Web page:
10 Jun 2014
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Larry Kramer’s semi-autobiographical The Normal Heart, based on his play with the same name, offers up some of the best acting you will see in any movie or TV show. Mark Ruffalo plays Ned Weeks, a character Kramer loosely based upon himself. He’s a gay journalist with a blasé attitude about love and life. When visiting a party at Fire Island in 1981, one of the revelers falls to his knees, coughing, on the shoreline. In this moment, Ned and his friends are introduced to AIDS. What follows is a history-based dramatization of what happened to a group of men and doctors trying to raise AIDS awareness against a backdrop of citizen indifference and political blocking. The film addresses the controversial stance taken by New York City mayor Ed Koch, with the Weeks character proclaiming that their (allegedly) closeted gay mayor and politicians like him were essentially out to murder…
04 Jun 2014
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Orange Is the New Black (Friday, June 6, Netflix), season premiere: How badly did Piper (Taylor Schilling) beat down Pennsatucky (Taryn Manning) at the end of Season 1? The bigger, more unexpected question is: Were the two alone at the scene? Orange Is the New Black grew stealthily and deliberately from a pretty-white-girl-goes-to-prison comedy into a racially diverse drama with real tension and consequences during its initial 13 episodes (while still retaining some laughs—this isn’t the female Oz yet); showrunner Jenji Kohan sends Season 2 down a darker path from the outset. (While the first episode is mostly Piper-centric, she’s not the same woman who entered Litchfield Penitentiary last year.) But, it’s not all a downer—two words: cunnilingus contest. Happy binging! Power (Saturday, June 7, Starz), series debut: Ghost (Omari Hardwick) is a successful-if-unfortunately nicknamed New York City nightclub owner by night, but an even-more-successful drug dealer by … later…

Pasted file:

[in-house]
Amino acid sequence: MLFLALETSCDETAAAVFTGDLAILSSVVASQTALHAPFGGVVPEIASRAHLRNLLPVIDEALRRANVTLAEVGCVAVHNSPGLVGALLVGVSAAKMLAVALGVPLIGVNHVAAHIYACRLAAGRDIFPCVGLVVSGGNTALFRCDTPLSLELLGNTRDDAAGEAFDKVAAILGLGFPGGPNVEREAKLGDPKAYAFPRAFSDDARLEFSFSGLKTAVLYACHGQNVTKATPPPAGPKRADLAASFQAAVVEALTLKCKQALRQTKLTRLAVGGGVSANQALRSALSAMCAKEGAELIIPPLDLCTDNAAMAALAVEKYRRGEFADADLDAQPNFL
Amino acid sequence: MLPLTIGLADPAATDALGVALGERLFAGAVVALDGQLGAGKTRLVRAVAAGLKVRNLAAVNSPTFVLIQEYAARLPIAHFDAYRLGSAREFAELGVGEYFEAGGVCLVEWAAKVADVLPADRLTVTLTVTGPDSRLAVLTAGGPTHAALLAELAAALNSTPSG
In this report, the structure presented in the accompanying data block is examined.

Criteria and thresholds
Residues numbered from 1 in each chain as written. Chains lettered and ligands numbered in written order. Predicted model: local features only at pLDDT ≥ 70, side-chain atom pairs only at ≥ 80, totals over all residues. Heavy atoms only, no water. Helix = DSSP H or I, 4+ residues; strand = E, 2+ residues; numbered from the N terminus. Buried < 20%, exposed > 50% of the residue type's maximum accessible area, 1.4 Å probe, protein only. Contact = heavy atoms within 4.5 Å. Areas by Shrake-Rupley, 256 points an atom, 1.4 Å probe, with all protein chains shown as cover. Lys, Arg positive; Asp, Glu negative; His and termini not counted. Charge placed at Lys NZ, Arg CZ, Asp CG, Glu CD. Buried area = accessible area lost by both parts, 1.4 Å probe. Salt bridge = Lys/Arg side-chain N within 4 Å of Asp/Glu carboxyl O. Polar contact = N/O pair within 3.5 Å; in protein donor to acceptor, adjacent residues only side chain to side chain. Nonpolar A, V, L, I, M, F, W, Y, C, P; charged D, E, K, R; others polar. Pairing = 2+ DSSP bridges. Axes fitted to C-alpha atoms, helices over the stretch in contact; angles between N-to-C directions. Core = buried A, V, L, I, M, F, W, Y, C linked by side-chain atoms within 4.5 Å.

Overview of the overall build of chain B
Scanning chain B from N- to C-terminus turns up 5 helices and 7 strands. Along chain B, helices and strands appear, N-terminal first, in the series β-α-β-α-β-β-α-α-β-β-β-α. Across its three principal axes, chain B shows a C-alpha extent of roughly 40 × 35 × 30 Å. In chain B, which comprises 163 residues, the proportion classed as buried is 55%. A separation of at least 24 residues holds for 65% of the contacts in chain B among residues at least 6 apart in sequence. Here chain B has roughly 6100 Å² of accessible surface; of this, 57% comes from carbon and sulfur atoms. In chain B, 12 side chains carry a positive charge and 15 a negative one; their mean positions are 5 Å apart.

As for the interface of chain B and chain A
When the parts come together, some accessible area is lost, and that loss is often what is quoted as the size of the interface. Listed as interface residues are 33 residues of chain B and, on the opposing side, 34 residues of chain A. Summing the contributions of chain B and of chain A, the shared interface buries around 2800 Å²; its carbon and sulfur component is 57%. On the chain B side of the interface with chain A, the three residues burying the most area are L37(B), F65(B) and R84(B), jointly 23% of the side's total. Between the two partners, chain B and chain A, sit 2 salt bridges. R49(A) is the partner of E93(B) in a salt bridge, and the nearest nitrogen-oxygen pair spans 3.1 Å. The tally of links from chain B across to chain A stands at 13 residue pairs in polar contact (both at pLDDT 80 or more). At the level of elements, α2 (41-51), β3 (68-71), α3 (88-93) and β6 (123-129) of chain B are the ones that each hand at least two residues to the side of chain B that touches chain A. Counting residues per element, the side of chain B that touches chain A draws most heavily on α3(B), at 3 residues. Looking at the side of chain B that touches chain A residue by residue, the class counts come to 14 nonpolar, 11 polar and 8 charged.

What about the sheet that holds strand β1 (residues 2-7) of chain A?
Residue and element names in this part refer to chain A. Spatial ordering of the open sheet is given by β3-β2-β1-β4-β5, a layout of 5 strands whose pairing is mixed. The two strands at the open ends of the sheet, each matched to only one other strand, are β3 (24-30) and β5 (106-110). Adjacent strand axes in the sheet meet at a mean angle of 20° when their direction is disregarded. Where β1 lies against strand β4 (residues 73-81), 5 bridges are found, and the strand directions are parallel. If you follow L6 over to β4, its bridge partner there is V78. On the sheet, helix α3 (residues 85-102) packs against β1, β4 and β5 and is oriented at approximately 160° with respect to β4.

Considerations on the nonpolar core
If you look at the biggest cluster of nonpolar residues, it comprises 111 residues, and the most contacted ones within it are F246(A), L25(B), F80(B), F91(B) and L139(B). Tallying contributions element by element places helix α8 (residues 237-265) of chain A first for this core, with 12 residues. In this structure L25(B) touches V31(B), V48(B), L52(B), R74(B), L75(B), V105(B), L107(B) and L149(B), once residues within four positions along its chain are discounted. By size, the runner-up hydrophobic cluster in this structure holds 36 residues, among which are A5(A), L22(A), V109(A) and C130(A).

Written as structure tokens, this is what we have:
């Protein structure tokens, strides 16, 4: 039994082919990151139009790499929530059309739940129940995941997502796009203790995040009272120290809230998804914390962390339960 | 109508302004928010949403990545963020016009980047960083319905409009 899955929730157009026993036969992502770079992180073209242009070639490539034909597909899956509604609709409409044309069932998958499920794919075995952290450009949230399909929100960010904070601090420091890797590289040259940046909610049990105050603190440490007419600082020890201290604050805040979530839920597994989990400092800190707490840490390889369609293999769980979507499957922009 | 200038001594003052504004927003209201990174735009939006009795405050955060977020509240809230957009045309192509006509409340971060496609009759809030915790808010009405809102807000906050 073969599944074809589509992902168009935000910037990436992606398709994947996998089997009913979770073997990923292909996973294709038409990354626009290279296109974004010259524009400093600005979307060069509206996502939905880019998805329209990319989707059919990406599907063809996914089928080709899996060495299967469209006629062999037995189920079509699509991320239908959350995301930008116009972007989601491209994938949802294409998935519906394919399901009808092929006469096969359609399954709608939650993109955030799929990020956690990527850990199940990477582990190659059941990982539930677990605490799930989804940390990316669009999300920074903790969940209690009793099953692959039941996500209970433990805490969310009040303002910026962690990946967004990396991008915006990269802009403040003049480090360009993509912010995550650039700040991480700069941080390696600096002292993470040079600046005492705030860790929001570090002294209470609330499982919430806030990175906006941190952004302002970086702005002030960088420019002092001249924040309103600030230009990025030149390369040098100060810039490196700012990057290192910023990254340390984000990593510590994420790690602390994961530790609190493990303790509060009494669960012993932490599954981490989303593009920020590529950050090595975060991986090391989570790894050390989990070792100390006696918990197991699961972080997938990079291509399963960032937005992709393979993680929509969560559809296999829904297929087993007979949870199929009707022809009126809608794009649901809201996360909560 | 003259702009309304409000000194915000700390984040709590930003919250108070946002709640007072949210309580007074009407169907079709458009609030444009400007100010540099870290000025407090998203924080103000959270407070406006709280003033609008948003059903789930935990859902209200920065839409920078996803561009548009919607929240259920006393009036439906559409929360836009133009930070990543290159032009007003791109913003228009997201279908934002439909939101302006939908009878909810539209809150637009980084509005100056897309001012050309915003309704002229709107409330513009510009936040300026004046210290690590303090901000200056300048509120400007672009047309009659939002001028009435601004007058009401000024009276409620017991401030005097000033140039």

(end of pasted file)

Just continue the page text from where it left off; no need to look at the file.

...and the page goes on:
28 May 2014
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Undateable (Thursday, May 29, NBC), series debut: When Whitney debuted in 2011, The Only TV Column That Matters™ asked, “Who’s this funny Chris D’Elia guy?” and “Why the hell are networks still producing laugh-tracked comedies in the 21st Century?” Three years later, I’m asking the same questions with Undateable. The idea of D’Elia as a delusional “player” who sets out to teach his romantically challenged buds how to play the love game is a solid one—his stand-up is loaded with hysterical relationship disasters—but Undateable’s lazy writing and cheap staging is straight outta the late ’90s, when NBC was cranking out “Must See TV” filler like it was going out of style (which it was). I’ll leave the “Unwatchable” puns to lesser TV critics. Crossbones (Friday, May 30, NBC), series debut: During the two years (!) since Crossbones was ordered to series, Starz pissed in the pirate punchbowl with Black Sails,…
27 May 2014
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Television used to take a break in the summertime—but that was back in the dark ages, Grandpa. Today, networks are more aggressive than ever about establishing the fabled 52-week programming schedule, so the real winner is you! Here’s what you should be watching while it’s hot: JUNE Following the Season 2 premiere of 2013’s hit alien-western Defiance, it’s the debut of Dominion (right), a new supernatural drama about rogue angels bent on possessing mankind in the—wait for it—post-apocalyptic future. It’s based on the 2010 flick Legion, so the fact that Dominion doesn’t completely suck is a … miracle. (Syfy; Thursday, June 19) Quiet breakout series Rectify, about a former death-row inmate trying to fit back into his small Georgia home town, returns for a 10-episode second season. The gorgeously hypnotic Southern Gothic doles out details slower than molasses, but it earns every last drop of its critical mass—binge Season 1…
21 May 2014
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Blood Lake: Attack of the Killer Lampreys (Sunday, May 25, Animal Planet), movie: So … Animal Planet is in the original-movie game now? At least it’s not another season of (Never) Finding Bigfoot. The exhaustingly titled Blood Lake: Attack of the Killer Lampreys (they’re slimy, toothy, eel-like fish—not unlike Ryan Seacrest) looks like Syfy B-flick cheese, because it’s “from the creators of Sharknado,” and stars Shannen Doherty (whom you’d expect to be here) and Christopher Lloyd (wha?). The surprises end there: Bikini babes and hapless townies get chomped via lake, swimming pool and, yes, toilet (top that, Sharknado 2), while Doherty and Lloyd (re)act and wait for the checks to clear. In case you hadn’t noticed, terrible TV movies are replacing terrible reality shows as social-media “events,” which is a step … up? Petals on the Wind (Monday, May 26, Lifetime), movie: Speaking of trainwreck cable flicks as hashtag bait,…